and that by the rough edges of everyone else but she holds
her own being Serenity's heart. Her introduction to the
ship (in Out of Gas) is memorable if only because
it's during a sex scene behind ajarred doors.
far one of the more interesting re-occurring characters
is River (Summer Glau), the Alliance-operated-on, mind reading
paranoid schizophrenic fugitive. It's all go on Serenity,
isn't it? I fell for River when she told the preacher that
the Bible was 'broken'. Priceless. It's such a shame Whedon
cannot tell us all he had planned for this girl as her 'arcs'
(arc-phooey) were likely to have been planned to the nth
degree. Yes, she is capable of doing anything bizarre at
anytime (which gives the writers enormous freedoms) but
the consistency of performance is quite rewarding. She steals
a scene in Safe in which she suddenly hones in
on a hoe down and dances free of care. It is one of the
more erotic and playful scenes I've seen on a TV show since
Angel fed off Buffy at the end of the third season.
after River is the doctor, her brother Simon (Sean Maher).
His privileged background makes him the outsider on the
ship and his knack of saying exactly the wrong thing keeps
Kaylee at a distance when she really wants to be close.
It's a tough role to pull off. He has to be aloof, superior,
inordinately caring and also carrying the psychology of
a man on the run (as he has ripped his very important sister
free from the Alliance's scalpels and lasers). Simon's Ivy
League looks underline the character. He's the moneyed crewmember,
the only one with no dirt under his fingernails.
(Morena Baccarin) has broken a few taboos. I believe she
is the first prostitute with a reoccurring role on a prime
time TV show. Fancy that? Everyone does but her heart belongs
to the only man who doesn't know that yet (who else but
the captain). Inara is a very hard part to play. Baccarin
has to look like a woman who may make a living from high
class prostitution. She has to exude the confidence of a
woman who choses her own clientele. At this she is completely
convincing. What Baccarin has in common with some of the
best actors around is that they know the value of stillness
in a performance.
there's the preacher, Shepherd Book (Ron Glass). Religion
out on the fringes may be unrealistic (after all, Firefly's
playground is heaven itself) but the gravitas that Glass
brings to his role is admirable and never less than entertaining.
Many famous dramatic aetheists cannot help but fold religion
into their drama. Oolon Coloophid springs to mind. I never
did get around to read "Who Is This God Person Anyway?"
I can't imagine Whedon observes any religious discipline
but if we have to have a man of God, then Book fits the
bill. And you've got to love the hair.
is shot in a moderately modernist style. A lot of hand held
camerawork and the special effects often have a documentary
feel to them (focus pulls, snatched camera moves, as if
the ships were real). The FX of the Reaver ship falling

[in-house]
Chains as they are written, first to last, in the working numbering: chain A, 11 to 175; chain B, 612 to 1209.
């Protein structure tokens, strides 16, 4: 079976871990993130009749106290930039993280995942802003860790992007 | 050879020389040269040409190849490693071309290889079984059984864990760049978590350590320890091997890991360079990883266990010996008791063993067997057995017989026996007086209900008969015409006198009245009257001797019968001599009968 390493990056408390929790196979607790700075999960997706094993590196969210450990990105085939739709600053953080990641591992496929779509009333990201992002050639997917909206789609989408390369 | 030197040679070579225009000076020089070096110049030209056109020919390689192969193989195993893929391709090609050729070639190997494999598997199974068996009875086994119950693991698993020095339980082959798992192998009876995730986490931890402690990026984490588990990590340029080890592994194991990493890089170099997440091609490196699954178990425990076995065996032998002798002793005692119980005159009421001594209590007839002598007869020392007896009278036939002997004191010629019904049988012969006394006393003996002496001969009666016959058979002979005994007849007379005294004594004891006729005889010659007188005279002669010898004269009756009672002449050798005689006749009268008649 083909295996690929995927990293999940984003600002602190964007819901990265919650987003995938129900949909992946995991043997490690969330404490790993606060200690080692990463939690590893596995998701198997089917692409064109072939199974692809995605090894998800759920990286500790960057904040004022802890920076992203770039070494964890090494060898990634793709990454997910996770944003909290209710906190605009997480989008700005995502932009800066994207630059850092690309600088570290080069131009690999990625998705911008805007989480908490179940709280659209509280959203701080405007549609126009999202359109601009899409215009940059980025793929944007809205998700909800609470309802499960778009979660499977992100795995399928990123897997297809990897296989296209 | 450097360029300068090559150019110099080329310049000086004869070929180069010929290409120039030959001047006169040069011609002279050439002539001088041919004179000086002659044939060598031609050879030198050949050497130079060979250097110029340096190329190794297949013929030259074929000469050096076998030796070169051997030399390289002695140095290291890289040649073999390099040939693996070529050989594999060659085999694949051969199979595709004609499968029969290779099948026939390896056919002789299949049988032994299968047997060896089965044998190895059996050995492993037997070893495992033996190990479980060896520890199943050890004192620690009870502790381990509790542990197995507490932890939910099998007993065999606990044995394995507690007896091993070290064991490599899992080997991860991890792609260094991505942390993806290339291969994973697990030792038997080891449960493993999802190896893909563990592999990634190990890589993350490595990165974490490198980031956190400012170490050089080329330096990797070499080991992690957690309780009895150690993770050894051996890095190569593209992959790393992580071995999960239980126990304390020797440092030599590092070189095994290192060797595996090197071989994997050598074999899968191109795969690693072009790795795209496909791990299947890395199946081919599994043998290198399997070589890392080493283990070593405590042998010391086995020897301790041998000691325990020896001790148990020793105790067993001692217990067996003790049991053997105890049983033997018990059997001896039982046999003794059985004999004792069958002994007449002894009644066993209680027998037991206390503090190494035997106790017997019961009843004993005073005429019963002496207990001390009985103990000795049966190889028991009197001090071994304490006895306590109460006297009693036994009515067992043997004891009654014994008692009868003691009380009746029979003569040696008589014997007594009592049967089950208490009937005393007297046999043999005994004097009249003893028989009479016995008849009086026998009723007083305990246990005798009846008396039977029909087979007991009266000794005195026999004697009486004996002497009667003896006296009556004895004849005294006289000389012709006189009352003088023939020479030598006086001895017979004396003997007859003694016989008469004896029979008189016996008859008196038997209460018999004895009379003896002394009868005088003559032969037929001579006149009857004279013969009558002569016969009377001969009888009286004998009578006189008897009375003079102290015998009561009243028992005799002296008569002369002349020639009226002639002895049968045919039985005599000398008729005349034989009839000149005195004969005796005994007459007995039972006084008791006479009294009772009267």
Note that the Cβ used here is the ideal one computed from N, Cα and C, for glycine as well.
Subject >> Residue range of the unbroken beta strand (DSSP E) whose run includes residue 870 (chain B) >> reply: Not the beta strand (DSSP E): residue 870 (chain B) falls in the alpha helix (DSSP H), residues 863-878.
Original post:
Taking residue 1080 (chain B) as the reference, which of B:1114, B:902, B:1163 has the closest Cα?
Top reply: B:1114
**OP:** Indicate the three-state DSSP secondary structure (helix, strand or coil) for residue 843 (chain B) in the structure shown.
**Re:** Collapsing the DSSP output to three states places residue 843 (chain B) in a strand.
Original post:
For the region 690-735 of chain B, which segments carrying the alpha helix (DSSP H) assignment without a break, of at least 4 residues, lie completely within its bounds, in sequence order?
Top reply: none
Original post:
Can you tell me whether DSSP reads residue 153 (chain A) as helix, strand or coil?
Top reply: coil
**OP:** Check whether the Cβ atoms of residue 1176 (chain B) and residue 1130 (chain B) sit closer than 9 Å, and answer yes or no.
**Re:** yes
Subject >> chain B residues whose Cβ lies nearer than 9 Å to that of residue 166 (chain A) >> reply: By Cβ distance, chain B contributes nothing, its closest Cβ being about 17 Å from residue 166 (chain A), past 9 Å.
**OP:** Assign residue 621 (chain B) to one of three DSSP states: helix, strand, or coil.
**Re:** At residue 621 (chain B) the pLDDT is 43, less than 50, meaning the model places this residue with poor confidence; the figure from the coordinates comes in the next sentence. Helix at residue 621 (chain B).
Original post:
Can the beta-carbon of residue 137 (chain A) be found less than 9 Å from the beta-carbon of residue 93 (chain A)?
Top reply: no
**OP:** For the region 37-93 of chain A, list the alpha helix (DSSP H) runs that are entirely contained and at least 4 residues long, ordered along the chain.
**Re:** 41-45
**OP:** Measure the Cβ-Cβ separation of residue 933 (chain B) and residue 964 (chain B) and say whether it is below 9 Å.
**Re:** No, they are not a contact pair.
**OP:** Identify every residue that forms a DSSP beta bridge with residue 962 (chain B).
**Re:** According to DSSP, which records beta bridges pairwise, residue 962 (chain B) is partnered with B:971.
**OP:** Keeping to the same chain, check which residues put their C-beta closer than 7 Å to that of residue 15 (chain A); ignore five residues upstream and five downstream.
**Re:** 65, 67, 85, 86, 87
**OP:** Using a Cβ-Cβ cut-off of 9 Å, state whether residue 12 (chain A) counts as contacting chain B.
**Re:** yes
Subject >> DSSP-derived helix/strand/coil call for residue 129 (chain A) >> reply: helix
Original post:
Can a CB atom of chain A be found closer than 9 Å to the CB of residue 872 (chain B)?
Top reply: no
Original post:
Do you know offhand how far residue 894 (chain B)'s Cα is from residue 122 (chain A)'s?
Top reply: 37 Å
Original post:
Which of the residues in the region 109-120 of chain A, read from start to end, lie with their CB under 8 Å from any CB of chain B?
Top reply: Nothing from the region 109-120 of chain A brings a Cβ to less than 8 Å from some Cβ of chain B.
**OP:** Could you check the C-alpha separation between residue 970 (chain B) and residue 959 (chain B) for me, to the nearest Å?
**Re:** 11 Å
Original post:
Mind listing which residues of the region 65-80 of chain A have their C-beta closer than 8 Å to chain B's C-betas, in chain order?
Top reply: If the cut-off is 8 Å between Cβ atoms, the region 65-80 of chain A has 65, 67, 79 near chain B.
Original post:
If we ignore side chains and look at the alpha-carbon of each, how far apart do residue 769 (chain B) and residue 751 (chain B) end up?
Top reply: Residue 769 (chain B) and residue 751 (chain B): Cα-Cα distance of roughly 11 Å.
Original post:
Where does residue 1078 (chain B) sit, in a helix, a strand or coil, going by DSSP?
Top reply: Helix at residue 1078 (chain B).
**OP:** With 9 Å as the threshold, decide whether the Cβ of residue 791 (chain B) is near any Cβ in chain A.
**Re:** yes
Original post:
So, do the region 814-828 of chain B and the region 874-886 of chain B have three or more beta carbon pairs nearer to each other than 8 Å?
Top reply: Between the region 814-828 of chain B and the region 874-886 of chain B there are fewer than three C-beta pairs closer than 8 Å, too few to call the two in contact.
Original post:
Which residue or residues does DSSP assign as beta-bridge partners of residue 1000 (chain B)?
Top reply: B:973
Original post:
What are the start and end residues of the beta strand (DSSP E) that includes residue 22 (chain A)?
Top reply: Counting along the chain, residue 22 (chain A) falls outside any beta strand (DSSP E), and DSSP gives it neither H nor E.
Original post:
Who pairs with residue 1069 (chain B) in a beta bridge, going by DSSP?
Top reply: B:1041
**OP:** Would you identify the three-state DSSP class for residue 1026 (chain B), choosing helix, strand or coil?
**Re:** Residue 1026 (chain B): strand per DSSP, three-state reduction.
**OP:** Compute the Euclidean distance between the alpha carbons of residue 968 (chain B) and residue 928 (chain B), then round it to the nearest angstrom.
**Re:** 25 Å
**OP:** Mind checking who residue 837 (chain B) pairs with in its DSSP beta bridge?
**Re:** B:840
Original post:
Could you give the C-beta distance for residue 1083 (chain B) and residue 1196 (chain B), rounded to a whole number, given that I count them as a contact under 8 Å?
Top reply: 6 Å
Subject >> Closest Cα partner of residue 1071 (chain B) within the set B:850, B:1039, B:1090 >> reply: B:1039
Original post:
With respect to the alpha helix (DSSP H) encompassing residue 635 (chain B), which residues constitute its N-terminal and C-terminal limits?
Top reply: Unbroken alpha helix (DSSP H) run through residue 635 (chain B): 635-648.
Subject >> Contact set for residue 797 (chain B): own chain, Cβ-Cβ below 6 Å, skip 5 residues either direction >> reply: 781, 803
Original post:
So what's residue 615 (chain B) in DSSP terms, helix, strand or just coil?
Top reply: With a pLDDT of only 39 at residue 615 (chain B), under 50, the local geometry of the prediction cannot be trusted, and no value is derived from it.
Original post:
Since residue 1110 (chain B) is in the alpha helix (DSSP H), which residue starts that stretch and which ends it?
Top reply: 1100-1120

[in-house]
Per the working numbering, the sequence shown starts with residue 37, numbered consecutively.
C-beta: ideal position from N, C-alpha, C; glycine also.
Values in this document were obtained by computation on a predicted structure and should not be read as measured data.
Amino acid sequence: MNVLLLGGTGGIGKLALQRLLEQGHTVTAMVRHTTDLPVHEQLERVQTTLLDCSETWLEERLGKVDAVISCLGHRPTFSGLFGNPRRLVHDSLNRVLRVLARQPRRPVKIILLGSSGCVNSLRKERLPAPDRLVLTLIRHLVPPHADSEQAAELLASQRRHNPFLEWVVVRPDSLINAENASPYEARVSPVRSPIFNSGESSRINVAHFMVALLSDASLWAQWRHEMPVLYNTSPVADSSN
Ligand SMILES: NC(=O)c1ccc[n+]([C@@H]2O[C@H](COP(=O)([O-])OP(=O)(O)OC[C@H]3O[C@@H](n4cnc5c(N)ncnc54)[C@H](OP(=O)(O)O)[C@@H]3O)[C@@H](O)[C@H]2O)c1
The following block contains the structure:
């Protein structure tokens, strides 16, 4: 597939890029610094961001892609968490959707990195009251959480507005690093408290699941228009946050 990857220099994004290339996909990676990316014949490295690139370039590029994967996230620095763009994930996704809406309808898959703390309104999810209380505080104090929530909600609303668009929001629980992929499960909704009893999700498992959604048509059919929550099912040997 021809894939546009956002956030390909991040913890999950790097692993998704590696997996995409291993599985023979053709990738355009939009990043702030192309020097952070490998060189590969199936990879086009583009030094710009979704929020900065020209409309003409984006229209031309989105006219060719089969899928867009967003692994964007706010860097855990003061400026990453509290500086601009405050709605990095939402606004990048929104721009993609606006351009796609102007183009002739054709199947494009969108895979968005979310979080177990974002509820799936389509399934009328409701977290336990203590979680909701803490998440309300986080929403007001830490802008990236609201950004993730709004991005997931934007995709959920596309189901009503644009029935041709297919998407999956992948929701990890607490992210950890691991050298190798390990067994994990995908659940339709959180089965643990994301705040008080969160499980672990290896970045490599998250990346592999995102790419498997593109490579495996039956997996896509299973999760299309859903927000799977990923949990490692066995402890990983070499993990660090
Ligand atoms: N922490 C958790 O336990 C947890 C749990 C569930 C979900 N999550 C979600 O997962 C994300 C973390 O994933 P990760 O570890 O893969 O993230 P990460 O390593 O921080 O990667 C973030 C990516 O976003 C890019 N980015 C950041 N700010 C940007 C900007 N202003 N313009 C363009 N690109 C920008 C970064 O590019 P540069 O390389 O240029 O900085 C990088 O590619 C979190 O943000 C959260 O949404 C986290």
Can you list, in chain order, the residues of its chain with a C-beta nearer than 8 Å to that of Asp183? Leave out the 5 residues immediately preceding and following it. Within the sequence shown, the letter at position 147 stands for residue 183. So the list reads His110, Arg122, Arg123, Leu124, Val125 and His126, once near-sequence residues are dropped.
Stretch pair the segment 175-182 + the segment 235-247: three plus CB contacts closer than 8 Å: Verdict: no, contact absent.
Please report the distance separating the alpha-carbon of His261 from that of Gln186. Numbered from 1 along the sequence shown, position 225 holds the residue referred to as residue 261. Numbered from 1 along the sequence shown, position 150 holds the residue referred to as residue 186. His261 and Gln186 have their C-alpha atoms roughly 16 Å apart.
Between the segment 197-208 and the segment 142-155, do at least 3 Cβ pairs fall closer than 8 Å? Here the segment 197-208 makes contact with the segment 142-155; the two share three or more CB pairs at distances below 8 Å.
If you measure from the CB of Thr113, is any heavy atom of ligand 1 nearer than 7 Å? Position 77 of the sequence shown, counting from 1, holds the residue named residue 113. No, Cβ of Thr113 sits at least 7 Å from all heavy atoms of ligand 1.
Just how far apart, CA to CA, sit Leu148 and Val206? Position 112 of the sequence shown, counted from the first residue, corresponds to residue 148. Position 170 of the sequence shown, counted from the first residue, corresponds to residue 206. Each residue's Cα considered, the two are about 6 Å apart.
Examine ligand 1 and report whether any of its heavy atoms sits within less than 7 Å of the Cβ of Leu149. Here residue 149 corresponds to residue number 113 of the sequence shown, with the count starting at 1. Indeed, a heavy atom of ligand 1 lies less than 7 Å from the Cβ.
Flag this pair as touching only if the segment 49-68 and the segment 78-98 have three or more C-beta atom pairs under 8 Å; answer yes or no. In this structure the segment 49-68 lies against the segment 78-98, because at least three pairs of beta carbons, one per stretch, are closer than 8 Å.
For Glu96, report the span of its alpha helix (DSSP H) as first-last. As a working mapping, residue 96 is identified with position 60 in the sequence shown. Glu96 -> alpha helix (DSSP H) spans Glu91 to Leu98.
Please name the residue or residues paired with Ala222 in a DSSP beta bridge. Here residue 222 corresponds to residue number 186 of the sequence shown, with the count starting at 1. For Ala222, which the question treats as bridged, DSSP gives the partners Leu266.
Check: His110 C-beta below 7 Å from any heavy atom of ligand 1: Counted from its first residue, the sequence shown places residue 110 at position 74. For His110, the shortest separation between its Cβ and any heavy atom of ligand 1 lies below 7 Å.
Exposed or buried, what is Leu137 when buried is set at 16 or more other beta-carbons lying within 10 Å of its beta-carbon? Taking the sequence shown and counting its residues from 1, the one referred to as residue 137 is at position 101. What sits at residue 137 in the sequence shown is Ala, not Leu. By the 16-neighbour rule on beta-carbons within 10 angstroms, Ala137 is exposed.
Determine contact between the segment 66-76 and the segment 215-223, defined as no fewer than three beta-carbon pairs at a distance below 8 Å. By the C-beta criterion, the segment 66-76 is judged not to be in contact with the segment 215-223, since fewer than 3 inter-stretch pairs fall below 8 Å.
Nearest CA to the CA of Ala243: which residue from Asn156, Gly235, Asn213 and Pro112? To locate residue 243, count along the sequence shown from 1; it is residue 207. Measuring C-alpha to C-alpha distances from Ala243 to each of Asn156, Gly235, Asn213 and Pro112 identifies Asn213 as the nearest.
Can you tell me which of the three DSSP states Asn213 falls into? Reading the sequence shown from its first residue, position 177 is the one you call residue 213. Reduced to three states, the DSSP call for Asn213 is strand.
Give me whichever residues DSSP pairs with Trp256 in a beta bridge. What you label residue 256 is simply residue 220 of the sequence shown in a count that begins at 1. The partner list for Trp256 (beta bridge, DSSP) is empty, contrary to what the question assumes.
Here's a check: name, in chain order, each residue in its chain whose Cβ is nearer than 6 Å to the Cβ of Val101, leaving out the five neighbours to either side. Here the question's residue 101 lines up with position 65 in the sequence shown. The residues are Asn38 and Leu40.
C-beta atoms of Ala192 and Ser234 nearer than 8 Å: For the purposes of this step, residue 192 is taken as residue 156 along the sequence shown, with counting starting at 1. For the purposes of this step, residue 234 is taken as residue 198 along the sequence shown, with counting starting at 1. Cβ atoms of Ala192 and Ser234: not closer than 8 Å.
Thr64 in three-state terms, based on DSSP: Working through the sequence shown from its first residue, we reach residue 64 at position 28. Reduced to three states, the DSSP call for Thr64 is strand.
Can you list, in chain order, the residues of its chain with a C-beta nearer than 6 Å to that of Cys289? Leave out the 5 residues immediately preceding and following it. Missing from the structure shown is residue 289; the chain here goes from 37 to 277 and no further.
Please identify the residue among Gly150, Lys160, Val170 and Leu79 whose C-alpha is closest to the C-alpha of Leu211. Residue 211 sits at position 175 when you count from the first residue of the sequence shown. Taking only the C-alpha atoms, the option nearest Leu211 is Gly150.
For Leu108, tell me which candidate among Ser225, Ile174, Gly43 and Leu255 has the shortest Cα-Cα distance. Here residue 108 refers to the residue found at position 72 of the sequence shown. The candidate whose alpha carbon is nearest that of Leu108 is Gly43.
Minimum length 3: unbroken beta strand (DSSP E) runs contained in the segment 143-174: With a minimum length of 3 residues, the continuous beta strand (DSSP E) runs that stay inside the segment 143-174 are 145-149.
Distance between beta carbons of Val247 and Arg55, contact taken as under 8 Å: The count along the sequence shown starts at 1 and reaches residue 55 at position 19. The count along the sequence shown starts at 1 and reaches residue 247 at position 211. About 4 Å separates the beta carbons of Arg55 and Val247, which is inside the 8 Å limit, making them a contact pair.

through the sky spewing out huge black smoke plumes is an
image that bears repeating. As we now come to expect modern
CG used properly looks wonderful. The 35mm, 16x9 transfer
is suitably retro (Whedon hunted down old lenses specifically
for their faults) and the grading/shooting of Out of
Gas is especially noteworthy. The underscoring is good
although at the time, there were significant 'borrowings'
from Hans Zimmer and Lisa Gerard's score for Gladiator.
Hell, steal from the best and watch out when movie score
nuts like myself recognise a bar or two.
despite the bells and whistles and the oddly jarring but
satisfying 'western' with space ships production concept,
the writing and characters that Whedon and his writers have
created are supremely entertaining. The one liners dazzle:
the days of me not taking you seriously are coming to a
it's the characters you take away with you, the detail and
richness of nine different points of view, each taking their
specific cultures 'into the black'. The ensemble acting
is about as flawless as you'll see on TV (The Big
Chill in space?) and for that to be (a) in its
first season and (b) on a cancelled show (the actors and
crew knew during the latter shoots that the show had been
axed) is quite unique. We won't see Firefly's
like again so lap up the box set.
have to excuse me now. I have The Passion of Christ
on 35mm, Firefly has been graded to mimic
Whedon's beloved westerns of the 70s. Just check out the
flare in the opening scene of Our Mrs Reynolds.
But the problem with flare is that it screws up the DVD
encoding process something fierce. So you get a many circular
banded wipe out. Otherwise, the DVD picture quality is sharp
and the colour (mostly brown!) is vibrant and rich, even
if the box set is presented in a 1.78:1 anamorphic wide
screen format following the Buffy wide
sound is a solid Dolby Digital transfer with a constant
atmospheric signal to keep the rear speakers happy. There
are a few forward to back activity (notably Whedon's credit
at the end of the main titles) but it's not a showy soundtrack
and for Firefly that's a good thing.
seven Commentaries are rich, funny
and entertainments in their own rights. All the bullshit
you read about TV shows creating families and every one
having so much respect for each other blah blah. Sorry.
Here's it's true. Again. The pairings of the cast and crew
giving commentaries are also episode specific which feels
right. And yes, the actors are as dry and funny as their
characters. It was also a little thrill to hear Fillion
and Tudyk start singing the main theme on their commentary
track to War Stories, something I have been doing
so often in the last four weeks, my son is humming it. I
also appreciate the main players name checking their less
glamorous crew members. One in particular struck home with
me. I know the set decorator David Koneff and it was good
of Whedon to mention him in the commentary to Serenity
Gag Reel is fun – starting off
nicely with Fillion wanting to know how to 'turn the fucking
rest of the Special Features are solid, kind of 'do what
they say on the can' sort of extras.
How It Was – The Making Of...The 10th Character – Serenity
Tour of the Set
Joss sings Firefly Theme
Alan Tudyk's audition
Four Deleted Scenes
of the deleted scenes was an alternative opening to the
entire series which would have had the show follow a much
darker route via the Captain. I like what was re-shot but
once, just once, it would be nice to give a series-maker
complete autonomy. It's what I call the George Harrison
principle. The Beatle really wanted to see Life
of Brian so just gave 'em the money and trusted
the Pythons to deliver the movie...
there's no damn trust anymore...